Build resilient systems at scale
May 27–29, 2015 • Santa Clara, CA

Lessons learned for large-scale apps running in a hybrid cloud environment – Intuit’s journey

Dana Quinn (Intuit)
9:55am–10:05am Thursday, 05/28/2015
Location: Mission City Ballroom
Average rating: ***..
(3.31, 45 ratings)
Slides:   1-PPTX 

Although Intuit is still on its journey to the public cloud, there’s enough road behind us to learn from what’s in the rear-view mirror. We’ll share three major lessons we’ve learned as we adopted a hybrid cloud environment, with some workloads shifting to the public cloud while others stayed on our internal servers.

Lesson 1: What workloads to shift to the public cloud?
We started our journey assuming there would be very little we could host in the cloud. Intuit fiercely guards its customers’ sensitive financial data, and cloud security was a big concern.

As we dug in, we realized we had many more workloads that could run in the public cloud than we expected. Not everything touched data, and cloud security was sufficient in some cases. And the number of cloud-capable workloads keeps increasing as we solve encryption challenges.

I’ll give two examples that will illustrate how to choose which of your services have the right combination of security needs and can benefit from cloud advantages.

Lesson 2: Hybrid toolset or cloud native toolset?
Standard hybrid cloud toolsets offer the benefit of using the same tools across both internal and public cloud environments. But is this ease worth what you give up? A cloud-native toolset offers best-of-breed management tools for cloud environments. We chose to use cloud-native tools because we’re able to take advantage of new capabilities and tools as soon as our cloud provider releases them. Another benefit of cloud-native tools is that people you hire will have far more experience with native tools than with hybrid tools. I’ll give examples of how our use of cloud-native tools has given us the capabilities we need.

Lesson 3: Bumps along the way
Watch your spending! You want to give engineering teams the ability to get up and running quickly, so you let them launch infrastructure themselves. And so it’s not surprising that you will quickly have many more servers running than before. Scaling up to run a large load test is great, but someone needs to remember to shut those servers off when they’re no longer needed!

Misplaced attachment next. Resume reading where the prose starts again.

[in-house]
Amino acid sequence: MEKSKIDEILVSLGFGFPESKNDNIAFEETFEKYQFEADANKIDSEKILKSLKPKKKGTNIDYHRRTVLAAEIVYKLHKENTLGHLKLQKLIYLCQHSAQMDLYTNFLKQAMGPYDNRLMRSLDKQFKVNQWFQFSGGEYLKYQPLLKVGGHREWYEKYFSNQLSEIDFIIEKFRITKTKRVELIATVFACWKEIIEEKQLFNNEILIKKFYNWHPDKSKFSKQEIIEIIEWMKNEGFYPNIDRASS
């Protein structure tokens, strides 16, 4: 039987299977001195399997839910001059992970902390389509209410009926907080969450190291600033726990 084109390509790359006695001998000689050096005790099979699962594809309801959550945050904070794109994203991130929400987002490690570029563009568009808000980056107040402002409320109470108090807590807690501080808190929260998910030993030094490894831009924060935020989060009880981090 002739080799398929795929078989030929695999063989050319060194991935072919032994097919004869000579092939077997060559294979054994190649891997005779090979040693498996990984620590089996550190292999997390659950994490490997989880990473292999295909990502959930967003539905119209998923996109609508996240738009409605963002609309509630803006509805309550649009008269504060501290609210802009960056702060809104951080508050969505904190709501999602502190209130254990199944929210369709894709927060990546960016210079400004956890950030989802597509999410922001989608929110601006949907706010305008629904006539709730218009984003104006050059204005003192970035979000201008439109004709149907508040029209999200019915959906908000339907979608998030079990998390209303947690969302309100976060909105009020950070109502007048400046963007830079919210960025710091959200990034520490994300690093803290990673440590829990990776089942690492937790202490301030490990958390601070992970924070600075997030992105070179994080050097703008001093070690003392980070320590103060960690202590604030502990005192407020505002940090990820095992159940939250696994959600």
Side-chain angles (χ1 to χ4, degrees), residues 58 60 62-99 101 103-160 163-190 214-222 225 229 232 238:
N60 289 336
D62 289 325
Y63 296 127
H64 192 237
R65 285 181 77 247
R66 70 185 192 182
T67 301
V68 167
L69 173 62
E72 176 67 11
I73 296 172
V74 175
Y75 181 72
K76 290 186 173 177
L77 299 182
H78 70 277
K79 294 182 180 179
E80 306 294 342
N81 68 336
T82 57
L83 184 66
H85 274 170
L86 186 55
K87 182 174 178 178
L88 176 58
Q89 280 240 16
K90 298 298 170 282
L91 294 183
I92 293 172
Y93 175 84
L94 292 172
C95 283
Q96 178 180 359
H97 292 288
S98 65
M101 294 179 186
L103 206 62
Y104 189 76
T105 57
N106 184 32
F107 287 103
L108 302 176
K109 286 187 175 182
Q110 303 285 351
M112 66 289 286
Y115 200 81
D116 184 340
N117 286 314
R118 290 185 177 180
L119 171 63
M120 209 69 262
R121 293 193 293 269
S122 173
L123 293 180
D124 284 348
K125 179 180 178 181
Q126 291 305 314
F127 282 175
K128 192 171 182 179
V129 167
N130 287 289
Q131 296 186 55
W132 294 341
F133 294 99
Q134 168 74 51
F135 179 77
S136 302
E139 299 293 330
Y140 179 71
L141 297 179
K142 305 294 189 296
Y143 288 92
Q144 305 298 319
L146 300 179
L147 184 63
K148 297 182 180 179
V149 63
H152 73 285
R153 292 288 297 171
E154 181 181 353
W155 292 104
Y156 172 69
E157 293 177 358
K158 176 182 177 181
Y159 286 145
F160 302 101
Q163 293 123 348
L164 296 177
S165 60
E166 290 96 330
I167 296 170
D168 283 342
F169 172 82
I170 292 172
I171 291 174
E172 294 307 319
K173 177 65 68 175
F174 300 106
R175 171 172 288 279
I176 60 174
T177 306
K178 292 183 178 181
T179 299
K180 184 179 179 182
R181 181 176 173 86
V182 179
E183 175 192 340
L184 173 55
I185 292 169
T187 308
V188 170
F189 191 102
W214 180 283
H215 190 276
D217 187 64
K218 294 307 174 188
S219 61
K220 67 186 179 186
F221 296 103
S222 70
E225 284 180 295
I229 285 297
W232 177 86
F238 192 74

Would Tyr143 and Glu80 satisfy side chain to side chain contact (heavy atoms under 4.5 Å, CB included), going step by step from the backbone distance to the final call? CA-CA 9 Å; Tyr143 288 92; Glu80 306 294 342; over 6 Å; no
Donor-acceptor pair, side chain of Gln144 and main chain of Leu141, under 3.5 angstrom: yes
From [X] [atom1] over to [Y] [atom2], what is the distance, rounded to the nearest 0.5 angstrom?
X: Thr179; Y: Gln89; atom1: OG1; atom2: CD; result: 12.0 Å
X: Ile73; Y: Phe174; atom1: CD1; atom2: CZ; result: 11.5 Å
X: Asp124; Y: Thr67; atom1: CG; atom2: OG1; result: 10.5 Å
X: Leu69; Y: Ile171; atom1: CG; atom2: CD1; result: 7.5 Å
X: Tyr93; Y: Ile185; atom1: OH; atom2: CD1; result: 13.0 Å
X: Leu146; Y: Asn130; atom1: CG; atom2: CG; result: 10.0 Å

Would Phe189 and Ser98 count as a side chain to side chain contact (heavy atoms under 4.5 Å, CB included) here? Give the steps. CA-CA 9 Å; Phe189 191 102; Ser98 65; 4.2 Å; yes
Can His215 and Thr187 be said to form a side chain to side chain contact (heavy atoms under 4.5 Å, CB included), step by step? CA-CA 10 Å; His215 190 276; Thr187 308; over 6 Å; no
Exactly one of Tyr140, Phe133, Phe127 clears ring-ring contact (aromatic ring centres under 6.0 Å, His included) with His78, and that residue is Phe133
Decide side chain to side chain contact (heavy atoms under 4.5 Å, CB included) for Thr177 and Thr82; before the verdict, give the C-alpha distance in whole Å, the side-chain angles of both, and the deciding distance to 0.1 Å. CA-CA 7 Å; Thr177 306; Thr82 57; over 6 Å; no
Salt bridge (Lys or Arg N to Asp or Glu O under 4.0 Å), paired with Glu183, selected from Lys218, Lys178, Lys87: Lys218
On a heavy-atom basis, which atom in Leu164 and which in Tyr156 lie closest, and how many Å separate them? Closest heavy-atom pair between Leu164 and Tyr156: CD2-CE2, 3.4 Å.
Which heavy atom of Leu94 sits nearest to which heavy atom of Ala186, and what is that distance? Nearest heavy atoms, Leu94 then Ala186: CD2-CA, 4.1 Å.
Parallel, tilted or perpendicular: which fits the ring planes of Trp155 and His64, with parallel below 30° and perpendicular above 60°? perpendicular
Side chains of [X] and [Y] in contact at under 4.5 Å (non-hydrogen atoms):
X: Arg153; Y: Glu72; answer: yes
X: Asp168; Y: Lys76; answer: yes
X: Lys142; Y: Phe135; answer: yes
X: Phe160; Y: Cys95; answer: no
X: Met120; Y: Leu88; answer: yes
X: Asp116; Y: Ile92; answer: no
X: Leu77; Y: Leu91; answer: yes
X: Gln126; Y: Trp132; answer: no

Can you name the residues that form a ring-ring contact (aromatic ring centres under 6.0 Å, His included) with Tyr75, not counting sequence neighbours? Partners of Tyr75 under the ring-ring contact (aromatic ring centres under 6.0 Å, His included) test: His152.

Don’t treat your cloud like your data center — doing things by hand doesn’t work in a cloud environment! Automate automate automate! You need to develop new patterns for key activities.

You have all these new automation capabilities — you need to practice them! Recycle all your instances every month, whether they need it or not. If you don’t, can you trust your automation when you desperately need it? This means you may want to track new metrics, like the average age of your instances, to help track the maturity of automation capabilities.

You probably have more workloads that you can shift to the public cloud than you realize. We recommend using cloud-native toolsets so you can access all your providers’ tools and attract people with the right experience. Lastly, you will have bumps along the way. Learn from them and keep going!

This keynote is sponsored by Intuit

Photo of Dana Quinn

Dana Quinn


Dana has 15 years of experience working in large scale, mission-critical web environments. Dana has been with Intuit for three years as director of App Ops for the CTO Dev organization, leading App Ops teams for a key set of online platforms used by Intuit’s products. Prior to working at Intuit, Dana worked at Yahoo! as senior director of Cloud Service Engineering and as senior Unix systems administrator at PlanetOut. Dana loves living in Oakland, California with his family and enjoys being schooled in Minecraft by his 8-year-old son.